As parents, we want our children to be happy, to be loved, to be free to be themselves. But we also hold on to a hope that they will love us, too. For far too long, I buried that desire, afraid it was wrong or hurtful. But with time, I learned that it is good, pure, and healthy, yet sometimes we have to put that desire on hold so we can purely and freely love our children—even when they can’t reciprocate. It was during these long months that I began singing and praying Casting Crown’s lyrics. The deepest pain was for my daughter. As she pulled back from me, I could see more of the hurt she had suffered during the earliest years of her life. I had to learn, one day at a time, to love her freely and to not subtly put up my own walls.  And through it all, I continued to pray that she would be able to receive love—not just from me but from so many others.

Then came a day in October 2013. I can’t remember the details of Ruth’s battle that day, but I know that at one point I pulled her close to me (despite her angry words), looked her directly in the eyes, and told her my prayer is that God would show her that she can trust again. I asked her, softly, if she would give me a chance to be her mother. She didn’t say anything at first, but then she got hard and angry. She spouted a few familiar hurtful phrases in an effort to quiet me. I don’t remember the hour that followed, but I do remember how she turned the other way at bedtime and refused to speak.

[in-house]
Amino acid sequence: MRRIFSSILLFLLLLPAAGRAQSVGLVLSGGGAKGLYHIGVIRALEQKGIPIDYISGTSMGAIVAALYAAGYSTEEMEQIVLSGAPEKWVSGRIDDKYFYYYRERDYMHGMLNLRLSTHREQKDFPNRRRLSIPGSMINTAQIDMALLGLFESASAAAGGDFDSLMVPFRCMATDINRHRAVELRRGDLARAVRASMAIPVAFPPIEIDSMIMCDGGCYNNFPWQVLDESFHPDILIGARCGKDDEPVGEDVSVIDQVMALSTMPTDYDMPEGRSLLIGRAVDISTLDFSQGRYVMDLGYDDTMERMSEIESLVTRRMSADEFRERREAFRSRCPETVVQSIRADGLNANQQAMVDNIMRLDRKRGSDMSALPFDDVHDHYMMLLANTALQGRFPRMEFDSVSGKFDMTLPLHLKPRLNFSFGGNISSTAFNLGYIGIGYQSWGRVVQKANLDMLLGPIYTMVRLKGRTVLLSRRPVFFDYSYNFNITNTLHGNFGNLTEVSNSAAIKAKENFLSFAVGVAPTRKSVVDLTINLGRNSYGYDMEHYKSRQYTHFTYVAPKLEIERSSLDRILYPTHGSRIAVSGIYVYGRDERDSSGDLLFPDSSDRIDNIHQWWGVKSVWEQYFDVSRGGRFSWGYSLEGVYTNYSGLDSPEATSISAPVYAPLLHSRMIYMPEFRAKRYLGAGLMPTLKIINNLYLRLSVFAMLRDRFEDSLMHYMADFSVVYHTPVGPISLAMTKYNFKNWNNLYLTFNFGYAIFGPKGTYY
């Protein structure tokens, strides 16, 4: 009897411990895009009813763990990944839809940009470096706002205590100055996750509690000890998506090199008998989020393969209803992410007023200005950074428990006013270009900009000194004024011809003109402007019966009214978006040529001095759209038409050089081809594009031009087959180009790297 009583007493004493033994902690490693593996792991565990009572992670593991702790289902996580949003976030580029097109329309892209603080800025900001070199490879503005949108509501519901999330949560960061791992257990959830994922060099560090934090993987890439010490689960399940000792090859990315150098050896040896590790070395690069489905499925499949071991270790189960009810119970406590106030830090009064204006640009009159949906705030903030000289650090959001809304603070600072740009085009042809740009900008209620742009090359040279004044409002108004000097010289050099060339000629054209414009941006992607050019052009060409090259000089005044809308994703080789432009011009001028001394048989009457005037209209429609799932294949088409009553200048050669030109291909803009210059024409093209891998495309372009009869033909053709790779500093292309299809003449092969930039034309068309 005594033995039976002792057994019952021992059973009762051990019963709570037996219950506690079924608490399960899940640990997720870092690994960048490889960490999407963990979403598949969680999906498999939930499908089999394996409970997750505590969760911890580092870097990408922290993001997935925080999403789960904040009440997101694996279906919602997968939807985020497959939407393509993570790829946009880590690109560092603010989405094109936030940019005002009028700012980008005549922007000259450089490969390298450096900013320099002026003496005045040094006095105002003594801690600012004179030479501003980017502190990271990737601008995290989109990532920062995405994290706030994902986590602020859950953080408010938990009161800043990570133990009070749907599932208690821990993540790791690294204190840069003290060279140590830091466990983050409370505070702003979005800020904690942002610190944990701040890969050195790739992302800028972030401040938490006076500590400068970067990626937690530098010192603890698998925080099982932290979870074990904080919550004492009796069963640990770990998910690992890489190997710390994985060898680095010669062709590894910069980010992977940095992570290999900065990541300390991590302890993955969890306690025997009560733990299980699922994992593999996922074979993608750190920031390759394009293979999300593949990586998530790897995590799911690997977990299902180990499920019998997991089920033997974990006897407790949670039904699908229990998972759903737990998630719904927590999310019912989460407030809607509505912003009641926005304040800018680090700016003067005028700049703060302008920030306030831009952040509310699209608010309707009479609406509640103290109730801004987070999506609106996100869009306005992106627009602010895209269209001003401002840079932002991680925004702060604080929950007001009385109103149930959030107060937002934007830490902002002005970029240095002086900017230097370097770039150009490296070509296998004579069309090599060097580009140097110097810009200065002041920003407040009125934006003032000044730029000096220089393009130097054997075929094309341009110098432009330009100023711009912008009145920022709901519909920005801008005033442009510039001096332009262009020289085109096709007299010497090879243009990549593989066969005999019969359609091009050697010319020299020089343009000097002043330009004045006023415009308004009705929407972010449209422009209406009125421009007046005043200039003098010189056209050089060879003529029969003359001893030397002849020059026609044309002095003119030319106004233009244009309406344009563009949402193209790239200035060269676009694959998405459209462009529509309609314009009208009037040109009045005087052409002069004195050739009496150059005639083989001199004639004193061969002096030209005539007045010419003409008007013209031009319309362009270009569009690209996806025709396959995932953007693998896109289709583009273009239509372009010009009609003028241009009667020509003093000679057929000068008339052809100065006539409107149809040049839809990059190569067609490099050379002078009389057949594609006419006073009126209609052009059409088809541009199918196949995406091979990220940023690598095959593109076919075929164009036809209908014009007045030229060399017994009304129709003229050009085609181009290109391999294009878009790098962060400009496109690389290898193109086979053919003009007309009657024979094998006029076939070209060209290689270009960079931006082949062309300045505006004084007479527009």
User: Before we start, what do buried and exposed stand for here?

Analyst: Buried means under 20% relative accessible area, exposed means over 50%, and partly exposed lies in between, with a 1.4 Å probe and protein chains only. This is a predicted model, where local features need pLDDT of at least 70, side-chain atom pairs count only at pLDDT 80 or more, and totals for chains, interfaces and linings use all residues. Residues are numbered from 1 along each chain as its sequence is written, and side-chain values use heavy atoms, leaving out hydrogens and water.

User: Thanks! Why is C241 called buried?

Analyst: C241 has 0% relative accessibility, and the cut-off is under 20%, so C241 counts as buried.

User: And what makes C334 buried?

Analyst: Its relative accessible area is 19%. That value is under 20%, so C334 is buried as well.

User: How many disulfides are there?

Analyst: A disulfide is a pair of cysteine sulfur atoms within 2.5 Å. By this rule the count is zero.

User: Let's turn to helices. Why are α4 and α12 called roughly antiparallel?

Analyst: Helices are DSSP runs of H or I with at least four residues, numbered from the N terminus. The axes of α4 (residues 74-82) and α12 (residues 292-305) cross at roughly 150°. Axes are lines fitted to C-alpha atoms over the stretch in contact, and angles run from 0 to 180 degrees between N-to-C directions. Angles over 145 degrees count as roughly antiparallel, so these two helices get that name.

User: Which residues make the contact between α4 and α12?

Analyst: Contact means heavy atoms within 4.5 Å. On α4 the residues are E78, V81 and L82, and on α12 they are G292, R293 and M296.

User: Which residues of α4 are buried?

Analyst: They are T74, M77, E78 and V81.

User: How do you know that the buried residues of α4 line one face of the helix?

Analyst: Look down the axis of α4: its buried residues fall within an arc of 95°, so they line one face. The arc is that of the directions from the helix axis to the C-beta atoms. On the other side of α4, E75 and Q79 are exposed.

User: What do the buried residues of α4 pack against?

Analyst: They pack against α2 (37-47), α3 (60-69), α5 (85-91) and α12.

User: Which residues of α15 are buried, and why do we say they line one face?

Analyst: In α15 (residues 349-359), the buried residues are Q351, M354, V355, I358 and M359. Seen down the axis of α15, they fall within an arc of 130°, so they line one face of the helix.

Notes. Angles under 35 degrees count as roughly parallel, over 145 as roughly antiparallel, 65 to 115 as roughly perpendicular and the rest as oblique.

Ruth and EmmanuelBoth of my kids know that before I go to bed and every time I awake during the night, I come into their room and kiss them…every night, more than once, I visit them. This particular night was no different. About an hour after Ruth fell asleep, I came in to say goodnight with full freedom to hug and kiss my sleeping daughter. Usually on my nighttime visits, I don’t speak aloud. But this night, right as I bent over to kiss her, I quietly said, “I am your mother…” I will forever remember how I couldn’t even finish my sentence. Ruth—who I thought was sound asleep—reached up, wrapped her 10-year-old arms around my neck, pulled me close, and whispered, “And I am your daughter.” At some point after we’d talked and I’d wiped away happy tears, I asked her if I had woken her up. She told me that she had stayed awake. She was waiting for me because, in her words, “Mami, you always come.”   

Since that day, we have moved forward. There are still challenging moments—just like with any family. But after a full year together, something broke that day for my daughter. Emmanuel is also experiencing a deeper security about his forever family. Halloween seemed to be a turning point for him because it was the first holiday we celebrated a second time together. He told me that morning, eyes wide and happy, that we’d been together a full year. Both of our kids are learning more every day that they are loved. We sing, laugh, dance, tickle, forgive, love, grow, and learn together. This is family. This is forever.